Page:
which, a side note that gives some bit of context (though obviously not complete), Qaddafi has an interesting quote in the sept 17, 1973 newsweek, the quote reads: "Ferociously anti-Communist, Kaddafi recently told an astonished ambassador from Czechoslovakia, 'I pity you being the representative of an enslaved nation.'"posted by: a point on 08.18.05 at 05:26 PM [permalink]
NO! NO! NO!
I was not referring to ISRAEL!
I was referring to IRAN!
You know the country where we helped depose the elected leader and supported the Shah for 30 odd years!
I'll admit I was being terse but you should switch coffee brands.posted by: Michael Carroll on 08.18.05 at 05:26 PM [permalink]
MC: You are quite right. You were being terse.
Seriously, I mistook your meaning because the Bush administration big cause is democratizing the Arab world, and because I don't really think of Iran as a Middle Eastern country. Still, my mistake.
I should add that, the institutional status and material wealth of the Iranian clergy aside, Iran was governed rather better under the Shah than it has been since he fell. Iran endured no invasions during his reign; he kept the military so strong that not even Saddam Hussein dared attack Iran. His government threatened none of its neighbors, firmly discouraged Soviet adventurism in the area, did not sponsor terrorism or otherwise meddle in the politics of distant countries, and was otherwise a good international citizen. The economic growth of Iran during his reign was also greater than it has been in most of the years since.
In any event, it has been a full quarter century since the Shah's death, and it seems appropriate to place the responsibility for the disruptiveness of a country that has chosen isolation and hostility to the outside world for decades on its own government. Don't you think?posted by: Zathras on 08.18.05 at 05:26 PM [permalink]
Well that is a fine piece of absurdist revisionism if I ever saw it.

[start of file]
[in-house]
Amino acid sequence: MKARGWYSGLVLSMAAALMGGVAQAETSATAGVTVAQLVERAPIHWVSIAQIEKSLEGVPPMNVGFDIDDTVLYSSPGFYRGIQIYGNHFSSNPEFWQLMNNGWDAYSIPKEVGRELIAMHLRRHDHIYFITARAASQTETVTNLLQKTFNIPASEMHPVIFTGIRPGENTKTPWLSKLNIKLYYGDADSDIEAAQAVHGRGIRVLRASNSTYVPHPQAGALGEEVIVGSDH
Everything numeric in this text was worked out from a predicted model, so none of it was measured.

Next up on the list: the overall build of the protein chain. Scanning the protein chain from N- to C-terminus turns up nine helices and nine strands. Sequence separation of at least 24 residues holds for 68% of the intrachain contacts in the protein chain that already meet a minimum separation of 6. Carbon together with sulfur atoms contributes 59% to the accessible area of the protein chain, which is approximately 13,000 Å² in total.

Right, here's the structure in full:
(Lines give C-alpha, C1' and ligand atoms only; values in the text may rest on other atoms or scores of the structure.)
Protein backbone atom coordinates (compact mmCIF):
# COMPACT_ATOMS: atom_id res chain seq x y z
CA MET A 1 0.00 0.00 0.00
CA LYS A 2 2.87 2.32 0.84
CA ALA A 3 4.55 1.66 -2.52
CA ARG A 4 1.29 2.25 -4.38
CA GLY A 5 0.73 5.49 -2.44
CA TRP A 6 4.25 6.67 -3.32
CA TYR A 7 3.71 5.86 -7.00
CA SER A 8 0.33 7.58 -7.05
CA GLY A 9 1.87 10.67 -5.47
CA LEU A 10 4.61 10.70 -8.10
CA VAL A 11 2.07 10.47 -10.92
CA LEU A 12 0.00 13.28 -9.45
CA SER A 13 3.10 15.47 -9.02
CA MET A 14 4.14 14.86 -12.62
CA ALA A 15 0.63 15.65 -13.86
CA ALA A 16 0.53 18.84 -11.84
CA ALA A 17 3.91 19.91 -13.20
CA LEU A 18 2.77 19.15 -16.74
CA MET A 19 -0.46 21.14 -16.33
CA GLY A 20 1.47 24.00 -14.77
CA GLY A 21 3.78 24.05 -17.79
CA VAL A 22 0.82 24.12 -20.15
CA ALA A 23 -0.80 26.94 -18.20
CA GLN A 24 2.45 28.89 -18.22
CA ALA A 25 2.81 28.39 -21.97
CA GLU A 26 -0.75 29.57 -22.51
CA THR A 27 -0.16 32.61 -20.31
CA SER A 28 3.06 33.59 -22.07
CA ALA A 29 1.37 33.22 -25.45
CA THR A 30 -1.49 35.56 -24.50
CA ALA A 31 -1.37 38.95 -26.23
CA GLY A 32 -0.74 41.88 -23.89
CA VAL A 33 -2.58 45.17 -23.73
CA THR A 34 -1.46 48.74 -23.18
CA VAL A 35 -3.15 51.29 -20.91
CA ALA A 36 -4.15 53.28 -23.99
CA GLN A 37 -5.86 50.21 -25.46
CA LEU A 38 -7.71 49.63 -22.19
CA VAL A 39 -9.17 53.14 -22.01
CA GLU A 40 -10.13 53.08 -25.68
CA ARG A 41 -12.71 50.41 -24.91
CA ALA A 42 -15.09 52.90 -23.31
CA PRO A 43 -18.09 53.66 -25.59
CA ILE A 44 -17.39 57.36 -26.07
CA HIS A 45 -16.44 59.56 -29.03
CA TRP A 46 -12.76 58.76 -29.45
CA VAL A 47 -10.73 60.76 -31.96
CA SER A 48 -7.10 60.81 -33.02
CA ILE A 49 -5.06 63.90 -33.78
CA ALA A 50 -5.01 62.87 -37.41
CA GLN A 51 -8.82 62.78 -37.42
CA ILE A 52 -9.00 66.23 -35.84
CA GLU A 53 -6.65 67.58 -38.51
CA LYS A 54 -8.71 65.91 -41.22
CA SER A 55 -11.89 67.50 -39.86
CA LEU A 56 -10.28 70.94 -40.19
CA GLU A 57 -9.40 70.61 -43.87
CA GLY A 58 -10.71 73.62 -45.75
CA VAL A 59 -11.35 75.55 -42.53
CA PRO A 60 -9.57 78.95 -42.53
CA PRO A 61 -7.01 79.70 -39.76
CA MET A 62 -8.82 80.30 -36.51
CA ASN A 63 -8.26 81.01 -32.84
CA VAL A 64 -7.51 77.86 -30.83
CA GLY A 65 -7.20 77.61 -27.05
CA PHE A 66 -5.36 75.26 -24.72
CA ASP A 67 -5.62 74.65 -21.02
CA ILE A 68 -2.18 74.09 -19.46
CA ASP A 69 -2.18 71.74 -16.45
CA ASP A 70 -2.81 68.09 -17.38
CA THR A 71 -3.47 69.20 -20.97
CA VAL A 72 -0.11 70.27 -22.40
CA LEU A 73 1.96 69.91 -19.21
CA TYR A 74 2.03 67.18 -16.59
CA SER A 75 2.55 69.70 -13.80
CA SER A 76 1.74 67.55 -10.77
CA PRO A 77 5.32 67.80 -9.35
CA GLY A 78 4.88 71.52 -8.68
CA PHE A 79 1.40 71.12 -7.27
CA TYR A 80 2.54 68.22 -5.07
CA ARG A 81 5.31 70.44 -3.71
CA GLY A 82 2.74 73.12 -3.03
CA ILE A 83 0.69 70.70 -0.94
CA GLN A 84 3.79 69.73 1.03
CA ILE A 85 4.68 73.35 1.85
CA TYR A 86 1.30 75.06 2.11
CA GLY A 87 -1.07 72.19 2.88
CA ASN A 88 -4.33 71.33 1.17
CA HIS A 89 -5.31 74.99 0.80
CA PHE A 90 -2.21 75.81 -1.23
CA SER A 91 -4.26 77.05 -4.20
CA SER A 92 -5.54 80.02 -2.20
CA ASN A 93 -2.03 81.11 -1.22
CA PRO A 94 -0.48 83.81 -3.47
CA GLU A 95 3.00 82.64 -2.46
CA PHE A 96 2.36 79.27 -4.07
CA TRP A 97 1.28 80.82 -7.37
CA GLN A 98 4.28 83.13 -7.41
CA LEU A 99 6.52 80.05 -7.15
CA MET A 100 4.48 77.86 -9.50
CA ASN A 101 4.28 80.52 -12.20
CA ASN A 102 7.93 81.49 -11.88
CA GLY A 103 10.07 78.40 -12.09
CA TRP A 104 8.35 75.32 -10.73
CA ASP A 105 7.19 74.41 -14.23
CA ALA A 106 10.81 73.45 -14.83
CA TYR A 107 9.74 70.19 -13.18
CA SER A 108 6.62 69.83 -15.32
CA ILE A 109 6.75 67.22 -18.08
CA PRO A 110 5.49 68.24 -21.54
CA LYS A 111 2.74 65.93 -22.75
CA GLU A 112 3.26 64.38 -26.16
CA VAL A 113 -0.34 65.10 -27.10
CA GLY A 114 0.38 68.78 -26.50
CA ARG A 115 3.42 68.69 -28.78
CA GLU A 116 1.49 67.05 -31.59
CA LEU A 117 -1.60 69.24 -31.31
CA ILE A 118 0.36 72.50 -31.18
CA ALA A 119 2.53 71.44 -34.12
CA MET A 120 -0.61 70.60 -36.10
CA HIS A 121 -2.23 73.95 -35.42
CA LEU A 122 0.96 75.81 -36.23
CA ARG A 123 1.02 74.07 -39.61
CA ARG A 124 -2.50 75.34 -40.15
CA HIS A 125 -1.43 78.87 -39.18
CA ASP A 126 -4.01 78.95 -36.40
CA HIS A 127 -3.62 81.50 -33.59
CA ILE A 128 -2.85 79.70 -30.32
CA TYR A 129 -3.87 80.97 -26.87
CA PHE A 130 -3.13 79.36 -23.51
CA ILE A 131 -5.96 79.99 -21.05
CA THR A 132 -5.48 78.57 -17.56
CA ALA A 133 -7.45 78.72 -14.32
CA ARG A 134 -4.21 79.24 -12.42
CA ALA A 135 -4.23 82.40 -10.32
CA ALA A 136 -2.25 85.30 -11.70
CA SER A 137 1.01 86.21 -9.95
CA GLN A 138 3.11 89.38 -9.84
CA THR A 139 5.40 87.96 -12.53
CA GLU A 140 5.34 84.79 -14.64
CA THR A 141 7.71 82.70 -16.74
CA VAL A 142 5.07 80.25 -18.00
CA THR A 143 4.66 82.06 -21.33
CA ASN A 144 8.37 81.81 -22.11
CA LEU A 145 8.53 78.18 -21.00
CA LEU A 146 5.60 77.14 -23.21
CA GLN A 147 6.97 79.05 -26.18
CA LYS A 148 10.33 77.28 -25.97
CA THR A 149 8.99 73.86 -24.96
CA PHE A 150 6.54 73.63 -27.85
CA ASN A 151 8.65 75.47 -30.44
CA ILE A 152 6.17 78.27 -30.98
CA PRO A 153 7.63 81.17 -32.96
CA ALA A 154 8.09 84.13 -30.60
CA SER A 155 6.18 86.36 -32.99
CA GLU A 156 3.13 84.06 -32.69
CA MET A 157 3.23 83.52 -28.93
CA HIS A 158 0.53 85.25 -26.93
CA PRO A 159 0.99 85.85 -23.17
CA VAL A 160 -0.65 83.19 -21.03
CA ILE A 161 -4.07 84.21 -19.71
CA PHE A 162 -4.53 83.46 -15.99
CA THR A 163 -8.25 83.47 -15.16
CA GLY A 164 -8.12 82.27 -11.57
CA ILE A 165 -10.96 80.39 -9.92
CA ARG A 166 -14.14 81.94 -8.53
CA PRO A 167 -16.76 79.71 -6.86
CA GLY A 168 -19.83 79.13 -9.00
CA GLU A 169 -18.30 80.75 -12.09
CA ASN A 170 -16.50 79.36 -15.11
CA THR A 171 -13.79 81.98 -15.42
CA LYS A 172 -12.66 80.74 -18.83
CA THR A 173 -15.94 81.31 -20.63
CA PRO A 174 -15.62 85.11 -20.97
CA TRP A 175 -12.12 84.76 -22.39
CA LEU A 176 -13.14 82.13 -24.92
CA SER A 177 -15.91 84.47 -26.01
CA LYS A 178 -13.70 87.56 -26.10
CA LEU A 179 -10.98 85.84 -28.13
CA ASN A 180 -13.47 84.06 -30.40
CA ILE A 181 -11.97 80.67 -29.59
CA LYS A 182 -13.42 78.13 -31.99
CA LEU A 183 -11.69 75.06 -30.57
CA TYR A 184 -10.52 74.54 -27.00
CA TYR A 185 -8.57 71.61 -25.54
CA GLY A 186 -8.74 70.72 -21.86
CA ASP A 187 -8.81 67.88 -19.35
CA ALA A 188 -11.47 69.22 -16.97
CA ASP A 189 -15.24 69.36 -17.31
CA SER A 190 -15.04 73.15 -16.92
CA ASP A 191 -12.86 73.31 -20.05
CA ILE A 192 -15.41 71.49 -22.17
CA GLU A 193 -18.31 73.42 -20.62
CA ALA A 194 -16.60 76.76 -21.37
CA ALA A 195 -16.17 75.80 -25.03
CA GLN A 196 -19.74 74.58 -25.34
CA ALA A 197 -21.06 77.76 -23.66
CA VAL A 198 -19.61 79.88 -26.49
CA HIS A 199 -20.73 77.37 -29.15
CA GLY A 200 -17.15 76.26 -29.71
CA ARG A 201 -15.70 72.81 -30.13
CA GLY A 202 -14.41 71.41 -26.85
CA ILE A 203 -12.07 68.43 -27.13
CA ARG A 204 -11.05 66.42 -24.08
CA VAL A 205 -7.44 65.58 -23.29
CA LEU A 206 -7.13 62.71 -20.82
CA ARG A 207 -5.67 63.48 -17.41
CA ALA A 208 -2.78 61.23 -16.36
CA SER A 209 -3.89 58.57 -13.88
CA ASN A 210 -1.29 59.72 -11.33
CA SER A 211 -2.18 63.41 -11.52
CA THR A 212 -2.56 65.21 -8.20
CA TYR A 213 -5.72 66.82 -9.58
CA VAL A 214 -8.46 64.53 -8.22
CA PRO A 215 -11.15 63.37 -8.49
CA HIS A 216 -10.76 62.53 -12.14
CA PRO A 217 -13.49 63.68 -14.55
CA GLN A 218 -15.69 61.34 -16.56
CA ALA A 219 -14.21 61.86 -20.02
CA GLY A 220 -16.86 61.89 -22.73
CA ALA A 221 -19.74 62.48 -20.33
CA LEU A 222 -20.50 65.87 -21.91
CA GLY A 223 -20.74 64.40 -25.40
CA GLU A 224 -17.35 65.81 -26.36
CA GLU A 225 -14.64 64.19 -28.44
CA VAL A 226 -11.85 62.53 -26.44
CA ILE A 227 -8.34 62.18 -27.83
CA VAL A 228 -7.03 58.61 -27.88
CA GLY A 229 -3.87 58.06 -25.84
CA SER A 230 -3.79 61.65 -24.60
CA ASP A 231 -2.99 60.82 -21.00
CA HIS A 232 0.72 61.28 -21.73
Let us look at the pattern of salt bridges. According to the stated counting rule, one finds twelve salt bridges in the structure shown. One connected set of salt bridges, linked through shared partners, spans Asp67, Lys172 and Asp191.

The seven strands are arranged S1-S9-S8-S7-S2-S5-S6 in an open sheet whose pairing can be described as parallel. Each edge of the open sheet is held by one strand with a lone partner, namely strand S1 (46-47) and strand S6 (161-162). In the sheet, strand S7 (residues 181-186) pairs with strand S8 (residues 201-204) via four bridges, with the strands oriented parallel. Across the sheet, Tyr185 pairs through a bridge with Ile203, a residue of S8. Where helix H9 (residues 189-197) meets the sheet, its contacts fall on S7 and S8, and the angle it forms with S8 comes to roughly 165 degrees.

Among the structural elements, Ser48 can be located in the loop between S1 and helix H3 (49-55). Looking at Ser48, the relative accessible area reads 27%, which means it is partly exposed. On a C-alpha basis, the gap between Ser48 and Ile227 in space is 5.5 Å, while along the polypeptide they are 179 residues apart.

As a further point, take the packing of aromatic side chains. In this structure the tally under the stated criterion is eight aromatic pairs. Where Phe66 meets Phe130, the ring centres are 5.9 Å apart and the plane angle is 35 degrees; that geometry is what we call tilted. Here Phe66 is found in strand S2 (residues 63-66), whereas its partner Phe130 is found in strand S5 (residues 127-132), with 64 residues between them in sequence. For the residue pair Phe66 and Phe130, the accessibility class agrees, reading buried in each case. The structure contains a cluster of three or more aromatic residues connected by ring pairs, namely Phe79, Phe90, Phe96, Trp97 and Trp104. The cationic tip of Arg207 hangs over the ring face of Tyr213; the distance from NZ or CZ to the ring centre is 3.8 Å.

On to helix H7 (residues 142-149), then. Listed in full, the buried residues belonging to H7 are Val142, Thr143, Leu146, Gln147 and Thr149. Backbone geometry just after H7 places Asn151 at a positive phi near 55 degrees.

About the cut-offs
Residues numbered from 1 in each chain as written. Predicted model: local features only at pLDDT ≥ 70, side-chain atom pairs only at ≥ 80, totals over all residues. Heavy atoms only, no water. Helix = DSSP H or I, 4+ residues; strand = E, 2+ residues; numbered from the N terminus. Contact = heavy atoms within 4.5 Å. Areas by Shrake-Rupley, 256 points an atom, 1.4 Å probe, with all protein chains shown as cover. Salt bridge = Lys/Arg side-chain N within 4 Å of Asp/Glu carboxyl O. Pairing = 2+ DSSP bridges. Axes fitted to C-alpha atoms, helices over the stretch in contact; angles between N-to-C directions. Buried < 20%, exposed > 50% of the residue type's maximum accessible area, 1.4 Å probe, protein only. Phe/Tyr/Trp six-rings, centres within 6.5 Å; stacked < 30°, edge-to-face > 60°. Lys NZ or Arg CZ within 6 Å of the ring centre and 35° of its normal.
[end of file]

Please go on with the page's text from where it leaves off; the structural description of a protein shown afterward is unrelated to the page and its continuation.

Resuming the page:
Perhaps we can recall that Sadaam came to power July 1979 through what was effectively a coup - the same bloody year as the incompetent autocrat, the Shah - was toppled in a popular revolution (hijacked in some ways by the Shia Islamist revolutionaries).
Indeed Sadaam only rose to the rank of general and began his climb to power within the Baath military aparat c. 1976.
Now, as the Iranian revolution occured the same bloody year (and again let us keep in mind it began rather broadly, it is rich to the point of hysterical to claim the Shah governed well), although one must allow it began earlier in the year, so .... well I guess the Shah "detered" Sadaam from making a coup? Is that the absurd argument you would like to make.
The revolution in Iran certainly fucked its military capacity over right good, but it's loony to claim that the Shah deterred a man who was not yet in control of Iraq (although certainly by 78 was on his way).
If you're going to comment on the Middle East, you need to at least show some sign that you have a vague awareness of the basic facts. Making statements like this about Sadaam and the Shah renders your commentary .... well I have't the words for how silly it makes it.posted by: lounsbury on 08.18.05 at 05:26 PM [permalink]
lounsbury, stole my thunder but I'll just add this: for those living the respective nightmares the only real difference between the Shah and Saddam was that the Shah was strictly our pay roll and Saddam was more-or-less on the Soviet's. I'm sure that distinction means a lot more to us than it does in the Middle East.
posted by: Michael Carroll on 08.18.05 at 05:26 PM [permalink]
Sorry Michael, timing mate, timing.
That aside I largely agree although perhaps Baath were worse by a simple virtue of being more effective and competent than the Shah in terms of their secret police and the like.posted by: lounsbury on 08.18.05 at 05:26 PM [permalink]
In this discussion of the Soviet's contributions to the current mess in the Middle East I'm reminded of the role they played in the start of the Six Day War. The misinformation Soviet intelliigence passed on to Egypt from Syria about what Israel was (allegedly)doing was an important proximate cause of that war.posted by: Mark on 08.18.05 at 05:26 PM [permalink]